One of the problems with cutting the cord today is that you lose access to a variety of news channels and programs, and there are few resources in the streaming world that can take their place. A company working to address this problem, Haystack TV, has now raised $1.7 million in seed funding for its personalized news service aimed at specifically cord cutters.
But you don’t necessarily need to have severed ties entirely with your pay TV provider in order to take advantage of Haystack TV’s streams. While the company’s larger focus is providing a way for cord cutters to watch the news in a new format, its app also makes sense for those whose lives no longer revolve around so-called “appointment TV.”
That is, if you don’t tune in to the evening news on a regular basis, but still want to watch stories with a bit more depth to them than the “micro-news” popularized by services like Snapchat Discover or NowThisNews, for example, Haystack TV could fill that void. Its videos are brief – around 3 to 5 minutes in length – but are designed to be watched one after another in a continuous stream.
Investors in the seed round include Peter Kellner (founder of Endeavor Global), Inspovation Ventures, DeltaG Ventures, Larry Braitman, David Anderman (former COO of Lucasfilm), SGH Capital, and Stanford’s StartX Fund.
Personalized, Aggregated News
For those unfamiliar with the app, Haystack TV is essentially a news aggregator combined with personalization technology that gives you a customized feed of news stories that contain the news that’s important for everyone to know as well as those stories that are of most interest to you.
Haystack TV, at present, pulls in content from over 150 news organizations who publish to YouTube. These video clips cover a variety of sectors, including world news, national news, business news, science and technology, entertainment, and more.
The startup, which was incubated at Stanford’s StartX accelerator in fall 2013, was launched around a year ago, initially as an Android tablet application before expanding to iPad, iPhone, Android smartphones, as well as Android TV. With that latter integration, the startup’s app will now be one of 28 launch partners for Google’s Android TV which will power TVs released this year by companies like Sony, Sharp, Phillips and others.
Haystack TV also works with Apple TV over AirPlay as well as with Chromecast, and will roll out support for more platforms, like Roku or Amazon’s Fire TV, in the future.
The idea for the startup comes from co-founders Daniel Barreto, previously the Chief Software Architect at Wyse (acquired by Dell) and a teacher at Stanford, along with Ish Harshawat, formerly the Mobile Architect at Cellfire (acquired by Catalina.) Combined, the two have launched products over the years which have reached millions of users on mobile and elsewhere.
But what prompted them to begin working on Haystack TV in the first place was a personal frustration. As new cord cutters themselves, they found themselves lacking in options for watching TV news online in a way that mirrored the lean-back experience they were used to from their cable TV days.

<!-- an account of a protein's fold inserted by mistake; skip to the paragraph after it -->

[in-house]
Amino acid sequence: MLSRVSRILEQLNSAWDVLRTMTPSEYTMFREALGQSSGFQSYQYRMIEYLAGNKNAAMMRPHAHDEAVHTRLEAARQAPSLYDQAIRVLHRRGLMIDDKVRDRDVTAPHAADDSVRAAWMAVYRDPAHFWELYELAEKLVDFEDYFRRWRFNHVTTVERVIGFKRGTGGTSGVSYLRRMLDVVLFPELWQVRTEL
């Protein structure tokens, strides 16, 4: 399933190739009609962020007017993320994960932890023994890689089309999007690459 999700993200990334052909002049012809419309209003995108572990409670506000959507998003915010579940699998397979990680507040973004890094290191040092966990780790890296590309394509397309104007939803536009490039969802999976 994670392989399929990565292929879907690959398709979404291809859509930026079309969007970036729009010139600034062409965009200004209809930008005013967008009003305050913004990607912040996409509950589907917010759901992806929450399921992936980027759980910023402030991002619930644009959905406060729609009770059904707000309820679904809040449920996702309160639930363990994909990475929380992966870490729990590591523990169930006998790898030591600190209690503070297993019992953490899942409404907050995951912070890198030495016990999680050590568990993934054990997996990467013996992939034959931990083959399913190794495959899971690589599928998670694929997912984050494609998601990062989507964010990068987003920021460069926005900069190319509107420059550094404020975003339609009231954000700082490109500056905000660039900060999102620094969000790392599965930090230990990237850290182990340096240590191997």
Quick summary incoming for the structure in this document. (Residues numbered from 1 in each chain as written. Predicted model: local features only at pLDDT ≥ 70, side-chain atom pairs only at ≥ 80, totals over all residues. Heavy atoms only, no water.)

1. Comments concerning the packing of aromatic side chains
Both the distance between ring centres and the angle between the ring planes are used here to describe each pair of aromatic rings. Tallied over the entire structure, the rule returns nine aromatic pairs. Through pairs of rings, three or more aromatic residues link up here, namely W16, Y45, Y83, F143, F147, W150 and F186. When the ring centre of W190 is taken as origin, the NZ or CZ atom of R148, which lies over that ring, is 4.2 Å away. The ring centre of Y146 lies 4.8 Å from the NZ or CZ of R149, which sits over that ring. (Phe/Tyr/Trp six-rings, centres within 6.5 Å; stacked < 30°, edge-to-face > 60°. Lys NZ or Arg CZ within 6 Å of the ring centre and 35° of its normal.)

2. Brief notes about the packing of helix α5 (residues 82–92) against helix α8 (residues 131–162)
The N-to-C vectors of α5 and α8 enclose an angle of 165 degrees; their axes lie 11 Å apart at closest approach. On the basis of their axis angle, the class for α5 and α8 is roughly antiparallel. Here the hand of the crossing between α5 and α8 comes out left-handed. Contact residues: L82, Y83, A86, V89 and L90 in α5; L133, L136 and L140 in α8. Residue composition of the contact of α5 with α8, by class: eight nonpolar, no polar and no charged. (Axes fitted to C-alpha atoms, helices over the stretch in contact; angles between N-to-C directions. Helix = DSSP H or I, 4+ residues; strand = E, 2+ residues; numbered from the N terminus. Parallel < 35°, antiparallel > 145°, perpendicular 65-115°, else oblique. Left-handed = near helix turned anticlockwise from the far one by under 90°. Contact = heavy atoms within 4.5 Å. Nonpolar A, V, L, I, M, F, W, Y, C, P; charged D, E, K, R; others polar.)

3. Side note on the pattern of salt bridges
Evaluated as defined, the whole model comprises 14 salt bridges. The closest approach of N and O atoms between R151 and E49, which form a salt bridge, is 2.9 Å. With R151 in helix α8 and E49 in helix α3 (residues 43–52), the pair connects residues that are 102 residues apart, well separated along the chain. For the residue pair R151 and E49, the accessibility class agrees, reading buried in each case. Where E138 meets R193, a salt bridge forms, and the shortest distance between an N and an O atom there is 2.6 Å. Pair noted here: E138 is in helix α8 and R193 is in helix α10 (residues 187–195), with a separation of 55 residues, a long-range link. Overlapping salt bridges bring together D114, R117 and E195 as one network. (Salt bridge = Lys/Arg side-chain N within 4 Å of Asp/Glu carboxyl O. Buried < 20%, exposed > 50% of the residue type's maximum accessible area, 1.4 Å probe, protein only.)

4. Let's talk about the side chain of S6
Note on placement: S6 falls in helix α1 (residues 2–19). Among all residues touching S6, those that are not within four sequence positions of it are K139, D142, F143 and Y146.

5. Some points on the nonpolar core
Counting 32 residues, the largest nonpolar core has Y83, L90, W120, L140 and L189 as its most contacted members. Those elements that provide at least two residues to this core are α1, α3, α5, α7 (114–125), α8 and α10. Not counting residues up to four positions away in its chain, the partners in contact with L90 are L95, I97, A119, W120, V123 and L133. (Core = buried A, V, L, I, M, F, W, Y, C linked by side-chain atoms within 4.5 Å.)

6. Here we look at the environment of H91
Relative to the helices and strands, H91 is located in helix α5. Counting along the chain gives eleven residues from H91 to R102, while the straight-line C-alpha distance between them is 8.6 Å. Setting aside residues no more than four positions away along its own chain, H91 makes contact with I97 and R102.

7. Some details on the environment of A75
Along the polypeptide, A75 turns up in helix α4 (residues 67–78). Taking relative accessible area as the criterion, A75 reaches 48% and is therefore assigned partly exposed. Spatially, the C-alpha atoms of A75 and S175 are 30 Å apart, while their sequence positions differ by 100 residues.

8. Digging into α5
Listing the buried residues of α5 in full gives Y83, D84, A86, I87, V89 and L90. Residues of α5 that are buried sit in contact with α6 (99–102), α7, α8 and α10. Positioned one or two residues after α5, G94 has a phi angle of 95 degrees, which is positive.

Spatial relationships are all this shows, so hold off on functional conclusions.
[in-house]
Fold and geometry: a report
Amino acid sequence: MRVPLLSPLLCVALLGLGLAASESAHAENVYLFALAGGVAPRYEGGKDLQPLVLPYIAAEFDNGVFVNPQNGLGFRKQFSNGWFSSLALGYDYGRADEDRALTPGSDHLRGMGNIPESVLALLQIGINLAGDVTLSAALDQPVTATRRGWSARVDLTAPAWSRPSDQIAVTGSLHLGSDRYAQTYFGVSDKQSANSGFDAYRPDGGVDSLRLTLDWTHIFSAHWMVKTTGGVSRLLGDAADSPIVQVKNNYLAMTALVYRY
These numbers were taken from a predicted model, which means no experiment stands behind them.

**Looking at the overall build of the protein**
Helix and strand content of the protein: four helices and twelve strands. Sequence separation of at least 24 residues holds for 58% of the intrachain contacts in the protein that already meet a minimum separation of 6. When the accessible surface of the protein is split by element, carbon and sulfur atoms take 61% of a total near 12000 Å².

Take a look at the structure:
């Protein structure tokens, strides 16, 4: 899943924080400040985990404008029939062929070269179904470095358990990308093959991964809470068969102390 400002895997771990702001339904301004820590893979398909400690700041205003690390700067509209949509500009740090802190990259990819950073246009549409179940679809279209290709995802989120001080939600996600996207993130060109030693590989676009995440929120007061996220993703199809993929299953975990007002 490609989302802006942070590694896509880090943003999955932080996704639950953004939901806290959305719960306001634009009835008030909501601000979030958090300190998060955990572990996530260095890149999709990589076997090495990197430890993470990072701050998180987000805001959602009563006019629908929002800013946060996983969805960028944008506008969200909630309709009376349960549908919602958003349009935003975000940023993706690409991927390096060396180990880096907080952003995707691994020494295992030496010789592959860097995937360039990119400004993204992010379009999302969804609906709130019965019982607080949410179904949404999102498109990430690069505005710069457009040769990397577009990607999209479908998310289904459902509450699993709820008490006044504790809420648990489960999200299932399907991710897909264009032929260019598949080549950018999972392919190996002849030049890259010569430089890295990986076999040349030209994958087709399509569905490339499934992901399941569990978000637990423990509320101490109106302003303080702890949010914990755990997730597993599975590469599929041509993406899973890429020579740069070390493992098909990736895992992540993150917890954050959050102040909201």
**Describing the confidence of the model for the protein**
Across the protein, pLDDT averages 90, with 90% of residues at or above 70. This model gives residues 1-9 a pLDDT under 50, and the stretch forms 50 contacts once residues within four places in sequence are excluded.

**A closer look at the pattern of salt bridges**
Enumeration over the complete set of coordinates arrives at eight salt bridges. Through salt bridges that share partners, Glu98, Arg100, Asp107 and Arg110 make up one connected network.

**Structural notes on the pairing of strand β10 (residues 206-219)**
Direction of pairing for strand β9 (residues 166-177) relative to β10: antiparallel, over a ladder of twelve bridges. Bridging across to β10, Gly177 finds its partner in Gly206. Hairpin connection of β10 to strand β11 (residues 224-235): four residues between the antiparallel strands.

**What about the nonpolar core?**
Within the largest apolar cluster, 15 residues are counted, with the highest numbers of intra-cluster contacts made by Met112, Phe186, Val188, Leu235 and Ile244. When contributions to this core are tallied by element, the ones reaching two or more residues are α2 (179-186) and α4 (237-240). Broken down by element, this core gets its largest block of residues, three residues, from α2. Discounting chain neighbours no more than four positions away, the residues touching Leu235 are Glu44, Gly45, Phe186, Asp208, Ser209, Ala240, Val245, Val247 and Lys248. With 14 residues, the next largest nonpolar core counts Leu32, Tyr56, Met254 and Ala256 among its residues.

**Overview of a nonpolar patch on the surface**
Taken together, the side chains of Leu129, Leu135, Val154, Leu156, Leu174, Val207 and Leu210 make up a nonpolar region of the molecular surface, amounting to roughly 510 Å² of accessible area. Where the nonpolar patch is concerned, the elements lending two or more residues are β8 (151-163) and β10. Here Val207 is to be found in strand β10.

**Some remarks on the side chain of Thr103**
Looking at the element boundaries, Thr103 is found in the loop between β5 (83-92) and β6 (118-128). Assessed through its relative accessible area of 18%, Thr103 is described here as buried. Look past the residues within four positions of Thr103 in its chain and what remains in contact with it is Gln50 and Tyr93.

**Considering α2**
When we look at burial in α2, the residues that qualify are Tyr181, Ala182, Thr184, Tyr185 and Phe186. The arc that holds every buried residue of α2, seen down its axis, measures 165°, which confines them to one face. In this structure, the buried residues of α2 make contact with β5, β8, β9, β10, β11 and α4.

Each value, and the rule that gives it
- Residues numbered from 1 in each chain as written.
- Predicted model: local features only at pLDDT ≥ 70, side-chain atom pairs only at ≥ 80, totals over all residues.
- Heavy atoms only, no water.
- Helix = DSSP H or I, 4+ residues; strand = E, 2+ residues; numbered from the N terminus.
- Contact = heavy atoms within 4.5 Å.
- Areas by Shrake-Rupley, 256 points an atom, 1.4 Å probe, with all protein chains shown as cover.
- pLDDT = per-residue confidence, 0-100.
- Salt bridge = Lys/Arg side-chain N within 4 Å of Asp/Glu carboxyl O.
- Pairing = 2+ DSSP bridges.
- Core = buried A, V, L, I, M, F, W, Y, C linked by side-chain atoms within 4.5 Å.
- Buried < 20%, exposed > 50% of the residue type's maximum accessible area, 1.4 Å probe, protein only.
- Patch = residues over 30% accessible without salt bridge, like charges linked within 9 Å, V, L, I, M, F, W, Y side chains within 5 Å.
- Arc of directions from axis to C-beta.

“We tried to use YouTube,” explains Harshawat, “but it was really hard to find current news, and it’s not very good at surfacing trending video and then putting it together in a user experience that’s easy to use,” he says. For people who were used to the headline news experience, YouTube by itself was not a good replacement, Harshawat adds.
So instead, the team built technology that allows Haystack TV to scan the thousands of news videos that are shared daily and analyze millions of data points about those videos, including things like what people are saying about them on Twitter, YouTube, Facebook and elsewhere. By understanding what a given video is about, Haystack TV can classify the video appropriately, so its users can build their personalized news channel.
But unlike Facebook’s News Feed, which begins to customize itself to your interests sometimes to the exclusion of important news and information, Haystack TV still features important trending news of the day in addition to those stories you personally care about. You initially train the product by selecting your favorite categories and topics, but the more you use it, the service adapts by learning what stories you watch and which ones you skip.
More recently, the company has been having discussions with news publishers and local news stations in order to establish partnerships that could expand its content selection further. Already, it’s piloting local news in four metro regions: San Francisco, Boston, New York and L.A., with more in the works. Eventually, its business model may include advertising, including possibly pre-roll or native ads, but this is still being tested.
Haystack TV won’t disclose the size of its user base, but notes that its users have watched millions of videos to date, and, on average, spend 15 minutes per session in its apps, and 80 minutes on the service per week.
The startup also plans to use the new funding to double its team of four to eight, and continue improving its personalization technology.